Checking for validity of arguments is entirely different; you should signal some sort of runtime error, so that this particular call path can be aborted/cleaned up, and the next one attempted. So Assertions are just executable documentation of what must be true of the current state of the application at any time. -- AlainPicard

I don't understand your disagreement. Sometimes people write code in layers. The "outer" layers test all the data passed to the program, and gracefully handle any problems (perhaps by exiting with an appropriate error code). The "inner" layers assume the data has already been validated, right? You're absolutely right that an ASSERT() at the beginning of a function, checking the "types or values of arguments to a function", is useless for finding bugs in *that* function. But what is so wrong with using that ASSERT() to help detect bugs in the "outer" layers? -- DavidCary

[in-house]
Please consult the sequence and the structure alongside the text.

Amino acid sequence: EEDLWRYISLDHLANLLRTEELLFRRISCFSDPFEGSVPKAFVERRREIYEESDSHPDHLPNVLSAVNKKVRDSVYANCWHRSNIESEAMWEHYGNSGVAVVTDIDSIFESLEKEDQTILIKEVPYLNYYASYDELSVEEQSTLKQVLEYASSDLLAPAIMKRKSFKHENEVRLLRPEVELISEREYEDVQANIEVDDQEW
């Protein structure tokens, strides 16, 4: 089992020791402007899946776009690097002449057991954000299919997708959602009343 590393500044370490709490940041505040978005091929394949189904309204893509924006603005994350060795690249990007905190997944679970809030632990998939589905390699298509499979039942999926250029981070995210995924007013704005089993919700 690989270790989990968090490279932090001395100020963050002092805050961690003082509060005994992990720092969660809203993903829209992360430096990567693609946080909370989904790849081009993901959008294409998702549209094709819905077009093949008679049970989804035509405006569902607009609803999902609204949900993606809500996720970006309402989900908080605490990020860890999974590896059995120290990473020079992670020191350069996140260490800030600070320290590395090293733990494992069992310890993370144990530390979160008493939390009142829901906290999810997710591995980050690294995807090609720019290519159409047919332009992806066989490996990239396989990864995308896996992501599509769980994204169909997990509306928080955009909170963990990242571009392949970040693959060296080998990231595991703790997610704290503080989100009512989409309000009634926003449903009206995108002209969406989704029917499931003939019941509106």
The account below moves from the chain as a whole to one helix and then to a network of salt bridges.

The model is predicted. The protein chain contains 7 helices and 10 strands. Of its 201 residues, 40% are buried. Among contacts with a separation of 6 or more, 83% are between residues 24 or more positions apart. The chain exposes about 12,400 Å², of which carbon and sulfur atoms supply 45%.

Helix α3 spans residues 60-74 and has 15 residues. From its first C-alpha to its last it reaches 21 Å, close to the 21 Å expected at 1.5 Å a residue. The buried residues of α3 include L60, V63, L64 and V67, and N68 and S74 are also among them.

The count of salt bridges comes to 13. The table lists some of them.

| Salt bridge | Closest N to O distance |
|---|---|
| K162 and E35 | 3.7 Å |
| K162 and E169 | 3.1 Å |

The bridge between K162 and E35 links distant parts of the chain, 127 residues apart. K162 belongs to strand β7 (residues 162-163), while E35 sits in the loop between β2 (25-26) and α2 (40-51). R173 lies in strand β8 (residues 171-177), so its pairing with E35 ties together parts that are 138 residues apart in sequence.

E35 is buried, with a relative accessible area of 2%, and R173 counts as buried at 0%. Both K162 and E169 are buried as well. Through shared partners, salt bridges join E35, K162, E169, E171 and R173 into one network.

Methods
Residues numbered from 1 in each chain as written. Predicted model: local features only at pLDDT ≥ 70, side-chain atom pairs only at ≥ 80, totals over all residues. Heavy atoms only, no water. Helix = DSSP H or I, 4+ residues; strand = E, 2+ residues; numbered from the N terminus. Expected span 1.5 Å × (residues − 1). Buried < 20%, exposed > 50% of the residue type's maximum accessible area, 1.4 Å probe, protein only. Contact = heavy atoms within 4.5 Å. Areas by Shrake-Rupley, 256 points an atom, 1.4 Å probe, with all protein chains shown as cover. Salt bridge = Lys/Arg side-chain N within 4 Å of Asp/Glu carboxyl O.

--- No-one has mentioned the documentation aspect of assertions. I like to think of code as communicating with other developers, not just the machine. -- HenryAndrew

Exactly. What is better:

	// We assume that ptr is non-NULL
-- StephanHouben

        assert(ptr != NULL);

Can't we view an assertion as an alternative way of packaging a UnitTest? There are arguments why it might be preferable to have the UnitTest within the main source code as an assertion and there are arguments why it might be better to have the UnitTest in a separately compiled file. The key issue is to have the test, not how you choose to package it. -- WayneMack

I would view it as a part of the test, but not the whole test. Two aspects of any test are the stimulus and the expected result. Assertions are a good way of defining the expected results, but do nothing to define the stimulus (a precondition failure is a response, not an input). Another view is that a (precondition) assertion says "I haven't tested this, so don't even think of using it".

This view of assertions as the interface does suggest that assertions should not be mixed with implementation. In a language like C++, this can be achieved by creating an "interface" as a set of (non-virtual, inline?) methods that use the TemplateMethod pattern, with the implementation being pure-virtuals. E.g.